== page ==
Electostatic plasma edge turbulence and anomalous transport in SOL plasmas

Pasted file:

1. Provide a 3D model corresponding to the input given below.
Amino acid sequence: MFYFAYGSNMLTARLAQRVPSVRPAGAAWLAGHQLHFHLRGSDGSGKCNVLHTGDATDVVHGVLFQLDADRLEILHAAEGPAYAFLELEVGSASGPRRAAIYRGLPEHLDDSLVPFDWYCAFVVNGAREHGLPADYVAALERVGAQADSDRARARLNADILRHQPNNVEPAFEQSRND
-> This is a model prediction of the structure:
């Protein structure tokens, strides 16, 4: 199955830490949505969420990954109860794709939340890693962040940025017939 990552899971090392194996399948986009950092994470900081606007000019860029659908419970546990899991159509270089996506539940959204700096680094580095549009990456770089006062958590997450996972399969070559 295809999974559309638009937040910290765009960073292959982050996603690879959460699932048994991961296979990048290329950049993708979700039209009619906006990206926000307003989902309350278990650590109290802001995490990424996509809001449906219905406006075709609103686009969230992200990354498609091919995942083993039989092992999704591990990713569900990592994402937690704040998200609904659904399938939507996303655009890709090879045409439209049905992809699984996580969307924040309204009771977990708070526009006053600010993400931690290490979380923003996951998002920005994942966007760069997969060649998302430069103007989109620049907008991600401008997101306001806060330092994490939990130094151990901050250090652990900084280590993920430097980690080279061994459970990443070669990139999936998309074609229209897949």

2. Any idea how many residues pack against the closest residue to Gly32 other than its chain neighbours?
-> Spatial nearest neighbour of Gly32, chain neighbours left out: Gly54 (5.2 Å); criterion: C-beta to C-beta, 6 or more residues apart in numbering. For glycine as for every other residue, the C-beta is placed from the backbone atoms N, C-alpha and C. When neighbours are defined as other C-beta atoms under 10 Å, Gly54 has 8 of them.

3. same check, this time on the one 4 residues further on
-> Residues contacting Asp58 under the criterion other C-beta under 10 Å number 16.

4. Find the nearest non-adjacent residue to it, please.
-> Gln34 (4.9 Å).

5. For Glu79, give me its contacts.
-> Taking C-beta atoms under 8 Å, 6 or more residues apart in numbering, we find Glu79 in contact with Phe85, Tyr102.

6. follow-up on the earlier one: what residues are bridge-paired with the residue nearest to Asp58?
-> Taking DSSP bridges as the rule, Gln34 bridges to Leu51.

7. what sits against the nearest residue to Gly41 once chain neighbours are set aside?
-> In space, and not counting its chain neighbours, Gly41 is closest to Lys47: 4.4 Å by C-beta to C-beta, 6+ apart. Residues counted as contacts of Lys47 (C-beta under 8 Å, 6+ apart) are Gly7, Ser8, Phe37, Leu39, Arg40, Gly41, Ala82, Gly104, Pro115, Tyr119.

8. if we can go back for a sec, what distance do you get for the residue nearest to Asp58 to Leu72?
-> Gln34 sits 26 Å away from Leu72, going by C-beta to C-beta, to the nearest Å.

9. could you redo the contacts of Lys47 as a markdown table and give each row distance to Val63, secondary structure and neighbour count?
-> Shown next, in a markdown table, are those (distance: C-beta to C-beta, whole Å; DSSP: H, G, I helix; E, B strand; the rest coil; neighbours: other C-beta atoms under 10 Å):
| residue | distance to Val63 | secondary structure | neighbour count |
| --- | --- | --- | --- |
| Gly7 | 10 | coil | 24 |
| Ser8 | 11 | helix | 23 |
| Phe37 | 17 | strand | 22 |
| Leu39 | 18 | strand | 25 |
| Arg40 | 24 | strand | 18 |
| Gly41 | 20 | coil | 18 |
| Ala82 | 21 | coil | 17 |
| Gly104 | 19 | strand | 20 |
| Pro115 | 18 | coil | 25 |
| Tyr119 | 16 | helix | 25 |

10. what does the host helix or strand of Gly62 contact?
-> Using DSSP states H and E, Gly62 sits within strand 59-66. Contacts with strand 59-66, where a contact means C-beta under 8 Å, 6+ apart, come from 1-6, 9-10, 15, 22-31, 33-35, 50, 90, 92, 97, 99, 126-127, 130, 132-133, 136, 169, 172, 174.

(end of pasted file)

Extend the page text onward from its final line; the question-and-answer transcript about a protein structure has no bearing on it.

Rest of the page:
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Controlling the scrape-off layer (SOL) properties in order to limit divertor erosion and extend component lifetime will be crucial to successful operation of ITER and devices that follow, where intermittent thermal loads on the order of GW/m² are expected. Steady state transport in the edge region is generally turbulent with large, order unity, fluctuations and is convection dominated. Owing to the success of the past fifty years of progress in magnetically confining hot plasmas, in this work we examine convective transport phenomena in the SOL that occur in the relatively "slow", drift-ordered fluid limit, most applicable to plasmas near MHD equilibrium. Diamagnetic charge separation in an inhomogeneous magnetic field is the principal energy transfer mechanism powering turbulence and convective transport examined in this work. Two possibilities are explored for controlling SOL conditions. In chapter 2 we review basic physics underlying the equations used to model interchange turbulence in the SOL and use a subset of equations that includes electron temperature and externally applied potential bias to examine the possibility of suppressing interchange driven turbulence in the Texas Helimak. Simulated scans in E₀×B₀ flow shear, driven by changes in the potential bias on the endplates appears to alter turbulence levels as measured by the mean amplitude of fluctuations. In broad agreement with experiment negative biasing generally decreases the fluctuation amplitude. Interaction between flow shear and interchange instability appears to be important, with the interchange rate forming a natural pivot point for observed shear rates. In chapter 3 we examine the possibility of resonant magnetic perturbations (RMPs) or more generally magnetic field-line chaos to decrease the maximum particle flux incident on the divertor. Naturally occurring error fields as well as RMPs applied for stability control are known to cause magnetic field-line chaos in the SOL region of tokamaks. In chapter 3 2D simulations are used to investigate the effect of the field-line chaos on the SOL and in particular on its width and peak particle flux. The chaos enters the SOL dynamics through the connection length, which is evaluated using a Poincaré map. The variation of experimentally relevant quantities, such as the SOL gradient length scale and the intermittency of the particle flux in the SOL, is described as a function of the strength of the magnetic perturbation. It is found that the effect of the chaos is to broaden the profile of the sheath-loss coefficient, which is proportional to the inverse connection length. That is, the SOL transport in a chaotic field is equivalent to that in a model where the sheathloss coefficient is replaced by its average over the unperturbed flux surfaces. Both fully chaotic and the flux-surface averaged approximation of RMP application significantly lower maximum parallel particle flux incident on the divertor.